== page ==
So what's Romania like for cycling? Well there weren't that many other cyclists barring the odd person on a three speed going to the shop or the next village. There were six other road bikes I saw on the mountain, and a number of hybrids that had clearly been taken up in a van to freewheel down. On the sunday I saw a group of lycra'd up mountain bikers offroading in the forest, but that was it.

There are not many roads. What's marked as a minor road on the map is basically gravel and sand. The trunk routes (E-roads) are mostly single carriageway with a narrow shoulder & deep ditch and nose to tail traffic. The other roads are as wide as the trunk roads but fairly quiet. The problem is you can't avoid using the trunk roads at some points. Also if the road goes to a town in the next county, well no-one needs to go out of county do they, so this:

will suddenly turn to this:
and be marked exactly the same on the map.

The drivers are amazingly good. Yes, all traffic laws are disregarded completely, and there being few roads means there will be big lorries on the "minor" roads,  but they also don't have the British presumption that they should be able to continue at full speed no matter what. They simply will not blat round a blind bend or over the brow of  a hill, because there's a very high chance of there being a pony and cart there - there are at least as many carts as cars on the back roads. Within minutes of being back in England I had two drivers in succession trying to get through a pinch point at the same time as me and running out of road.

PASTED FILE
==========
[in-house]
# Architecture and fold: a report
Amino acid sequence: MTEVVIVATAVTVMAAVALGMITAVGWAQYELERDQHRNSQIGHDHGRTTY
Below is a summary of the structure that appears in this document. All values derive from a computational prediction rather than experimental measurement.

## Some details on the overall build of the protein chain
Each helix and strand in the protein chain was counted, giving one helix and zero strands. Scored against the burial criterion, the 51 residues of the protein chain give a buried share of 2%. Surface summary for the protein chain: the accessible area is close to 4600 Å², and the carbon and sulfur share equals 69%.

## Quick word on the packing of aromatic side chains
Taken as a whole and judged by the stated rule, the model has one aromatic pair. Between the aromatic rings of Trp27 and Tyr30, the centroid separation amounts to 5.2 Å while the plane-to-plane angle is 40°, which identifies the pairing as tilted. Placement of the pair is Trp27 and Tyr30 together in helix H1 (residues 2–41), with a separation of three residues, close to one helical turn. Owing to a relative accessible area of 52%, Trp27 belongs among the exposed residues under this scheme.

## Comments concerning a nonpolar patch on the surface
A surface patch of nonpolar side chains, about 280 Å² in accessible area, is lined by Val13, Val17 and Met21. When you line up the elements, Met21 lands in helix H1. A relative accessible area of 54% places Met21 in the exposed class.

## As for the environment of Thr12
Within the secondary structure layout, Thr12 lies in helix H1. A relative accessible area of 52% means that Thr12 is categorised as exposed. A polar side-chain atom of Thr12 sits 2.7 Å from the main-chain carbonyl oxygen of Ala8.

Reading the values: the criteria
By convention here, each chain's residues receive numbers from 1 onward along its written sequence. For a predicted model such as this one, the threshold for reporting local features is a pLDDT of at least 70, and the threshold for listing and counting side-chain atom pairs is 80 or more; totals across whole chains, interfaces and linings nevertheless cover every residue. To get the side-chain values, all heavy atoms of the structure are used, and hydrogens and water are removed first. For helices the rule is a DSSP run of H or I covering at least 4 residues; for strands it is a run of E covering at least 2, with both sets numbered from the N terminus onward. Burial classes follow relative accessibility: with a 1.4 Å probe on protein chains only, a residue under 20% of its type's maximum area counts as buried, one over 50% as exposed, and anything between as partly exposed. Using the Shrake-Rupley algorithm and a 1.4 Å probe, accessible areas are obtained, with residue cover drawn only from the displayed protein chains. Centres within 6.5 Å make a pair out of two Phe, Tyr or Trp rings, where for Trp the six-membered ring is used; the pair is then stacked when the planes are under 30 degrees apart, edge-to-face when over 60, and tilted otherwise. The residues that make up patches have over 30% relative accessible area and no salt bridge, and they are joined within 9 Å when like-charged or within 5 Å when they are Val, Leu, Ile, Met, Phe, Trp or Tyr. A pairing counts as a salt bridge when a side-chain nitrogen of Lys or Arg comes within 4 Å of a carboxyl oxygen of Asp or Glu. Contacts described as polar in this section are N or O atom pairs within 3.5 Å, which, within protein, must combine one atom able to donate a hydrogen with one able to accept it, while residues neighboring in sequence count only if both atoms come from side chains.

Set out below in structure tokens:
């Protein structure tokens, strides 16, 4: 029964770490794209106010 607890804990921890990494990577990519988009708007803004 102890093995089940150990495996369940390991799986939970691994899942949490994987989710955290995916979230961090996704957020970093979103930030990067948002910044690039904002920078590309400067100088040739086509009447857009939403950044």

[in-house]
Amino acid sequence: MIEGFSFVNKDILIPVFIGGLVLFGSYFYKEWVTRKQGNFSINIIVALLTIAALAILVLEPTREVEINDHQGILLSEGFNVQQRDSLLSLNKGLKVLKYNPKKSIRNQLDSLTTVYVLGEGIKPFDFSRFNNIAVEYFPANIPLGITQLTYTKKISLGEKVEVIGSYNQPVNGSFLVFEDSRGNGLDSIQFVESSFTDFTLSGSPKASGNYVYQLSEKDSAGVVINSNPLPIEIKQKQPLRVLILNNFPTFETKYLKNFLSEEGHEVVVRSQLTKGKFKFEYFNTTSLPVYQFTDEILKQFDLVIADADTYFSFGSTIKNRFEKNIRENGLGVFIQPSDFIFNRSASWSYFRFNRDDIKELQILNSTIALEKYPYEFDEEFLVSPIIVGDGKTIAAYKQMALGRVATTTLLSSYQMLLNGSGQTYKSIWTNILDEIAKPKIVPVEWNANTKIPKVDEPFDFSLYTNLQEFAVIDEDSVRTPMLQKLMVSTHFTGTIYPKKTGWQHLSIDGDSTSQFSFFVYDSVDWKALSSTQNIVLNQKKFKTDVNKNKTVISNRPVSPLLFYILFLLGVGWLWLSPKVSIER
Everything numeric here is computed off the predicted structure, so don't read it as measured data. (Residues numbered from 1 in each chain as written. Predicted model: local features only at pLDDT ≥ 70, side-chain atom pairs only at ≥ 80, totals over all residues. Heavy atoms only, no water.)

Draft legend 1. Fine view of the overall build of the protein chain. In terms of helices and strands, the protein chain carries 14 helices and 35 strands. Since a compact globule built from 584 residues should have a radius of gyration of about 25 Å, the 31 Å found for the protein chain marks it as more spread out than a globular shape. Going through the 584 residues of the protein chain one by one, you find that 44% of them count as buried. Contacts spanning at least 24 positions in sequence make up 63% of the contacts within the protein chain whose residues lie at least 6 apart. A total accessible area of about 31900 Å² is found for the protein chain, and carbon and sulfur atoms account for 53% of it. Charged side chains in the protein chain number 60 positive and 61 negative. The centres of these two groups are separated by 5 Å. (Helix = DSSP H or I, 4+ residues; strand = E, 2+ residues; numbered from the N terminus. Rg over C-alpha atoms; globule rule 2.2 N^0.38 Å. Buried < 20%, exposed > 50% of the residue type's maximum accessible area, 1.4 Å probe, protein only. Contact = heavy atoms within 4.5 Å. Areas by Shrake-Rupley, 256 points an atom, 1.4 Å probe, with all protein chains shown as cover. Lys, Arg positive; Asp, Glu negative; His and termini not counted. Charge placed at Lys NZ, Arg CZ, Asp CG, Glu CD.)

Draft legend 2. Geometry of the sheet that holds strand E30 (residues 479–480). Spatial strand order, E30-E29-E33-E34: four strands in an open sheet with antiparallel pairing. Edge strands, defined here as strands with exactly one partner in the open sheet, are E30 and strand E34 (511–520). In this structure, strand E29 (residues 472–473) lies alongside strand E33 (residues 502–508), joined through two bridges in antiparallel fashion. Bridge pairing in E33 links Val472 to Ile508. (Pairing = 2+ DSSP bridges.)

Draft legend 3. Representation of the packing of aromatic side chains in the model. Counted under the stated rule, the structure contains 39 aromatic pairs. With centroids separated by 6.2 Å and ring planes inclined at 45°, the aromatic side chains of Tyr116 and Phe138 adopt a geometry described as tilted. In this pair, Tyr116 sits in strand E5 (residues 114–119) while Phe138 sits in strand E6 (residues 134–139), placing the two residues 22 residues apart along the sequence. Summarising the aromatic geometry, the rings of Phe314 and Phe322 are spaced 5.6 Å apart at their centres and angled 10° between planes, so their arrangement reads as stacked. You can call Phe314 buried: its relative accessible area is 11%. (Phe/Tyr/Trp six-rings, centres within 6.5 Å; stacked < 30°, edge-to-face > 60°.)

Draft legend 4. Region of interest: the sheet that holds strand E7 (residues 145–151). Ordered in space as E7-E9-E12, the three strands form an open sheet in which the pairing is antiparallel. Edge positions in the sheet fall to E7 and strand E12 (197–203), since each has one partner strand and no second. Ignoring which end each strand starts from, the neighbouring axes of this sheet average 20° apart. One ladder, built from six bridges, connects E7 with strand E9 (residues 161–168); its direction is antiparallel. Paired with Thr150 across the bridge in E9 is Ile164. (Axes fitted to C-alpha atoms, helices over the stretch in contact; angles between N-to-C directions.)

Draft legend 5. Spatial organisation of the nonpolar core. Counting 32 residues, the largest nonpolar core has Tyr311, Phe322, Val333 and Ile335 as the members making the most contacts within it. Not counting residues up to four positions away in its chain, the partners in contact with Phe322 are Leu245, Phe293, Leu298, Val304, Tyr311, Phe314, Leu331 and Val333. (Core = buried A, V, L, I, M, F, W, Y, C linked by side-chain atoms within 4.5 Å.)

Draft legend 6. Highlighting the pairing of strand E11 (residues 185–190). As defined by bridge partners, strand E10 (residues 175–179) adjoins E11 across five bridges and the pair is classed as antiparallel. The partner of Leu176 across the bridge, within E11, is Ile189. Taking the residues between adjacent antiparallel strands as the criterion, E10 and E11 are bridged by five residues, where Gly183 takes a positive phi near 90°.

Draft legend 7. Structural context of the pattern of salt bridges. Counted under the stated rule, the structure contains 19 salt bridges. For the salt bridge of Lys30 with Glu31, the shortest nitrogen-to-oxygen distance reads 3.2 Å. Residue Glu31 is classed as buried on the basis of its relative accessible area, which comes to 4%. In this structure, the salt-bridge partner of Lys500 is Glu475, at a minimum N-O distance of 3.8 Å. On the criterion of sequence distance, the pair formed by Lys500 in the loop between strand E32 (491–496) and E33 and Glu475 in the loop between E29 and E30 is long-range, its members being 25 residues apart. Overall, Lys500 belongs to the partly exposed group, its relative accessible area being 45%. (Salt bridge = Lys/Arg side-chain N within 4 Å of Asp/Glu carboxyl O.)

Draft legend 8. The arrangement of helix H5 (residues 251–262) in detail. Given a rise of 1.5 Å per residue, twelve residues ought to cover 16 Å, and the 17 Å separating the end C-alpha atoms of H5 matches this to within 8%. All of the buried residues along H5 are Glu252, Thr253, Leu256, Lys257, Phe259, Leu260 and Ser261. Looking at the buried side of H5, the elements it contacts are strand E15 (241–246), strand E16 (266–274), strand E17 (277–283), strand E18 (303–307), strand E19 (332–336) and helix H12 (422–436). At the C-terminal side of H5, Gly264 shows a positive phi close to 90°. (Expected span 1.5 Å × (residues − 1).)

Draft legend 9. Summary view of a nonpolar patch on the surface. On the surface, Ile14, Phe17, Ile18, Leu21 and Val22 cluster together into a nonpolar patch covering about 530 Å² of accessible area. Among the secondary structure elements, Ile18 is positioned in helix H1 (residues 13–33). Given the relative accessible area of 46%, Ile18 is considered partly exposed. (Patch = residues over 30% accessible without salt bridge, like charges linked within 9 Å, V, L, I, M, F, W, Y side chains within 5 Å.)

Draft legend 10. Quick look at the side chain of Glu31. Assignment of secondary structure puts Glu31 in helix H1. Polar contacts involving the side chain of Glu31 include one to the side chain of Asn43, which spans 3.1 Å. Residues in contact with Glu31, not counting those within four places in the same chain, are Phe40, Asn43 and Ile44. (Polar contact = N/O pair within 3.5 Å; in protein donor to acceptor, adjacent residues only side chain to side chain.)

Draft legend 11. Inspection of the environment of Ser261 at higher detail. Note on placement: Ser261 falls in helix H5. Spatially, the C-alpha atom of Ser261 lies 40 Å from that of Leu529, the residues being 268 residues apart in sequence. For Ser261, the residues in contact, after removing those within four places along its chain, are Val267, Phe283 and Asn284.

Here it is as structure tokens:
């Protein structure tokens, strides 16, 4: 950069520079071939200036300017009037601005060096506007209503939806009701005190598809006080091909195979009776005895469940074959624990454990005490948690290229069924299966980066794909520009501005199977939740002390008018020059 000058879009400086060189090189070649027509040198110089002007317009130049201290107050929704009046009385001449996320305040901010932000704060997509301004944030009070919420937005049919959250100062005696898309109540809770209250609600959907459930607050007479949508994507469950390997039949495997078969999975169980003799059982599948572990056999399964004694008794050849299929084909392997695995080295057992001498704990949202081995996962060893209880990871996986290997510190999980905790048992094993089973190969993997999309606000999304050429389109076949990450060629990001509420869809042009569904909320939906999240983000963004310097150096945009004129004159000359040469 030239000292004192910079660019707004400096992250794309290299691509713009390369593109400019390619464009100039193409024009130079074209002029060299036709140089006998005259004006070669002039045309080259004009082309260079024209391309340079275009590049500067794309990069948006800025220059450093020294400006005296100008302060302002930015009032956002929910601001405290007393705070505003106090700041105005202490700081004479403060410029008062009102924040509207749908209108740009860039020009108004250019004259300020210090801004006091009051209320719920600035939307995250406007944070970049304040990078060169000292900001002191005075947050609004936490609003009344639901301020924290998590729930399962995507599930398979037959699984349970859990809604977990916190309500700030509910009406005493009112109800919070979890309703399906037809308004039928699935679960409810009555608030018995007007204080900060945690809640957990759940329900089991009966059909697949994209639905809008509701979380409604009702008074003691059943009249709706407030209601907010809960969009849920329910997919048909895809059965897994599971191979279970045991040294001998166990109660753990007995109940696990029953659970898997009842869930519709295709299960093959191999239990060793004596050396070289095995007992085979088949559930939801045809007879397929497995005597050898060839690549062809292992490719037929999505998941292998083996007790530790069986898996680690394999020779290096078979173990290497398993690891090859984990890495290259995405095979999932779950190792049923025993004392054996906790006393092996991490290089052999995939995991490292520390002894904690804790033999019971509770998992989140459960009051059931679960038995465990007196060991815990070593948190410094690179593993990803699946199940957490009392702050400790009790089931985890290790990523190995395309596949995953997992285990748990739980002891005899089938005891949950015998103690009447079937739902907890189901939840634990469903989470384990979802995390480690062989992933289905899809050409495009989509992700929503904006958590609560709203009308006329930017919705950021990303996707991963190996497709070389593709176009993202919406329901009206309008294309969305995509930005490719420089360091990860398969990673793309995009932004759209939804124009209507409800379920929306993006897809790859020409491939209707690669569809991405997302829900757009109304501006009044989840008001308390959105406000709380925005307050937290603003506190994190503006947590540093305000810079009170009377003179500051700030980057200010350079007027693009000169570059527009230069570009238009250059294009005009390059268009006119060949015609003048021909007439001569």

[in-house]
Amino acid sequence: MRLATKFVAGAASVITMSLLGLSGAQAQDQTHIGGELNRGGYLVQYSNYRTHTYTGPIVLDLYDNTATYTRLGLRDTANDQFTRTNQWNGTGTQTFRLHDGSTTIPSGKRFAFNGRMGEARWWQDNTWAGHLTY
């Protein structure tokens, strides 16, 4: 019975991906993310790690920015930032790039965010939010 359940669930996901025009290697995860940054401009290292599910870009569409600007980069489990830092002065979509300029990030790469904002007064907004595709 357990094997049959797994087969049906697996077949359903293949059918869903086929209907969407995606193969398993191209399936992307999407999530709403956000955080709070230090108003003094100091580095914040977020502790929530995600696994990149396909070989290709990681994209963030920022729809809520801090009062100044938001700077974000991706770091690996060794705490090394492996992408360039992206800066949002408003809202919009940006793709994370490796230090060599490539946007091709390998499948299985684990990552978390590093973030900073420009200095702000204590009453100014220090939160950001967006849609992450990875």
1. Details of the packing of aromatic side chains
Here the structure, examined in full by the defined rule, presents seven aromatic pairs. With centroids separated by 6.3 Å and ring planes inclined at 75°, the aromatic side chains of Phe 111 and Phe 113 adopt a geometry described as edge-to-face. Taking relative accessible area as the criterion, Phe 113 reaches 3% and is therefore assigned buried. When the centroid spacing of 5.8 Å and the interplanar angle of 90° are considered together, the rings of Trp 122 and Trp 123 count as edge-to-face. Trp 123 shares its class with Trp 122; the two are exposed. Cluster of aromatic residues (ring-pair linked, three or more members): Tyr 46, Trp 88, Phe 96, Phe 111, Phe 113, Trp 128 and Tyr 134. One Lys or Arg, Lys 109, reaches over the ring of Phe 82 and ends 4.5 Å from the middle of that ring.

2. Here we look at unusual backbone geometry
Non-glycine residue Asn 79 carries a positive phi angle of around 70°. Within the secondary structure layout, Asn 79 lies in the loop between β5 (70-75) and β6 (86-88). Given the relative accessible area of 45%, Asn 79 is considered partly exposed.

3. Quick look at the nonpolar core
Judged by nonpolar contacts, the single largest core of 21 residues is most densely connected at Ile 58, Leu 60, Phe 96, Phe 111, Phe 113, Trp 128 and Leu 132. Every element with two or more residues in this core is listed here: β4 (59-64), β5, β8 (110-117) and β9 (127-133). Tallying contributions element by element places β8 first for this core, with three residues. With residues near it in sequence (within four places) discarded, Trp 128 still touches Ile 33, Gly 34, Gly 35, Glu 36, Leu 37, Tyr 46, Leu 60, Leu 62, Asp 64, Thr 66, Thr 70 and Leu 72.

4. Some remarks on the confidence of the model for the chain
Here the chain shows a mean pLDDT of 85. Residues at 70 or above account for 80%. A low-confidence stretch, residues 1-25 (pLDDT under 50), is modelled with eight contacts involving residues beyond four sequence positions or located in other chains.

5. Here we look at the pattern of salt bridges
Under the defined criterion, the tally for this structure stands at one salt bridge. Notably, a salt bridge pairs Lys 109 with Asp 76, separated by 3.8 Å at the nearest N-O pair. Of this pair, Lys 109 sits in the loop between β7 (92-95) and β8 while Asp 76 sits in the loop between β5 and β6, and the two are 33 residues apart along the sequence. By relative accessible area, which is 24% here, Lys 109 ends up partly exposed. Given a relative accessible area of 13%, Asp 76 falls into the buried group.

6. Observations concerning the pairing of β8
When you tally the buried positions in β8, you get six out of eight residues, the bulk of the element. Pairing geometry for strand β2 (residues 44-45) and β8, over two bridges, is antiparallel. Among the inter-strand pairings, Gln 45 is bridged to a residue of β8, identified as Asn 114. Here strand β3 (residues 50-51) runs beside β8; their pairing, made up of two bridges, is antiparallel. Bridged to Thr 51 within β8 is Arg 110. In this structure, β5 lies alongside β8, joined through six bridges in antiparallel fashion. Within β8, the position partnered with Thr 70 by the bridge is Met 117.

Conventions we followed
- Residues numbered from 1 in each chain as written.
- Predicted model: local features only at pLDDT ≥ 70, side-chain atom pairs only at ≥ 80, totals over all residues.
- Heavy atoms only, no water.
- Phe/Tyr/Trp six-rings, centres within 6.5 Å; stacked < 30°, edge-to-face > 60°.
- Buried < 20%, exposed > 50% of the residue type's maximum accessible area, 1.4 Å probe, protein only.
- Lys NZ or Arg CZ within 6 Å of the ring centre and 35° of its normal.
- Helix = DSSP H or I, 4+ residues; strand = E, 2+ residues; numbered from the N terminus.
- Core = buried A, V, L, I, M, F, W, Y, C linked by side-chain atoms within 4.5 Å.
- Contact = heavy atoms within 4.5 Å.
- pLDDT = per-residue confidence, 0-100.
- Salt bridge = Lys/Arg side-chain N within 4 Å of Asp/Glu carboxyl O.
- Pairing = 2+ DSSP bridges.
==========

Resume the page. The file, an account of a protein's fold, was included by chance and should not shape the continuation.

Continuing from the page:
Would I recommend it for cycle touring? Well, yes and no. The people are great, the countryside interesting, other than in the mountains it is flat and wind-free with some rolling bits. But using the E-roads (where unavoidable) can be a bit hairy - you absolutely must stay in the narrow shoulder apart from at bridges, with lorries one side and either gravel or a deep ditch the other. A lot of give and take is needed. The drivers are fine about it though - there will be other cyclists, pedestrians and ponies on the road too.

More pictures, and bigger versions of the ones above here


Cudzoziemiec

  • Solar powered, tea fuelled cycle-wol
Re: Transfăgărăşan pass
« Reply #6 on: October 15, 2011, 11:20:13 pm »
Looks great. I've never been to Romania but I know a few people, of various nationalities, who have, and they all come back saying how lovely it is and how friendly the people are.

More pictures, and bigger versions of the ones above http://handsonit.co.uk/images/photos/Romania2011/index.html


That link needs fixing. I think it should be here.

A cup of tea is the perfect bridge between real life and cake.

Cudzoziemiec

  • Solar powered, tea fuelled cycle-wol
Re: Transfăgărăşan pass
« Reply #7 on: October 15, 2011, 11:24:33 pm »
Looking at the photos, I presume the women in big red skirts are Roma/Sinti/Gypsies. Were they dressed up for some special occasion or do they were that kind of "traditional-folkloric costume" all the time?
A cup of tea is the perfect bridge between real life and cake.

iakobski

Re: Transfăgărăşan pass
« Reply #8 on: October 16, 2011, 08:04:44 am »
Looking at the photos, I presume the women in big red skirts are Roma/Sinti/Gypsies. Were they dressed up for some special occasion or do they were that kind of "traditional-folkloric costume" all the time?
Yes, that's right that's gypsy clothing. Romanians from that area would traditionally wear white with an apron, something like this:
.
I only saw them wearing the traditional skirts on the Sunday, so assumed that was the reason, but apparently they do wear them all the time in that area - the women wearing the pristiine white shirts were in their Sunday best, but would have worn the skirts all week - like the ones with the snoopy t-shirts.

Thanks for the link fix.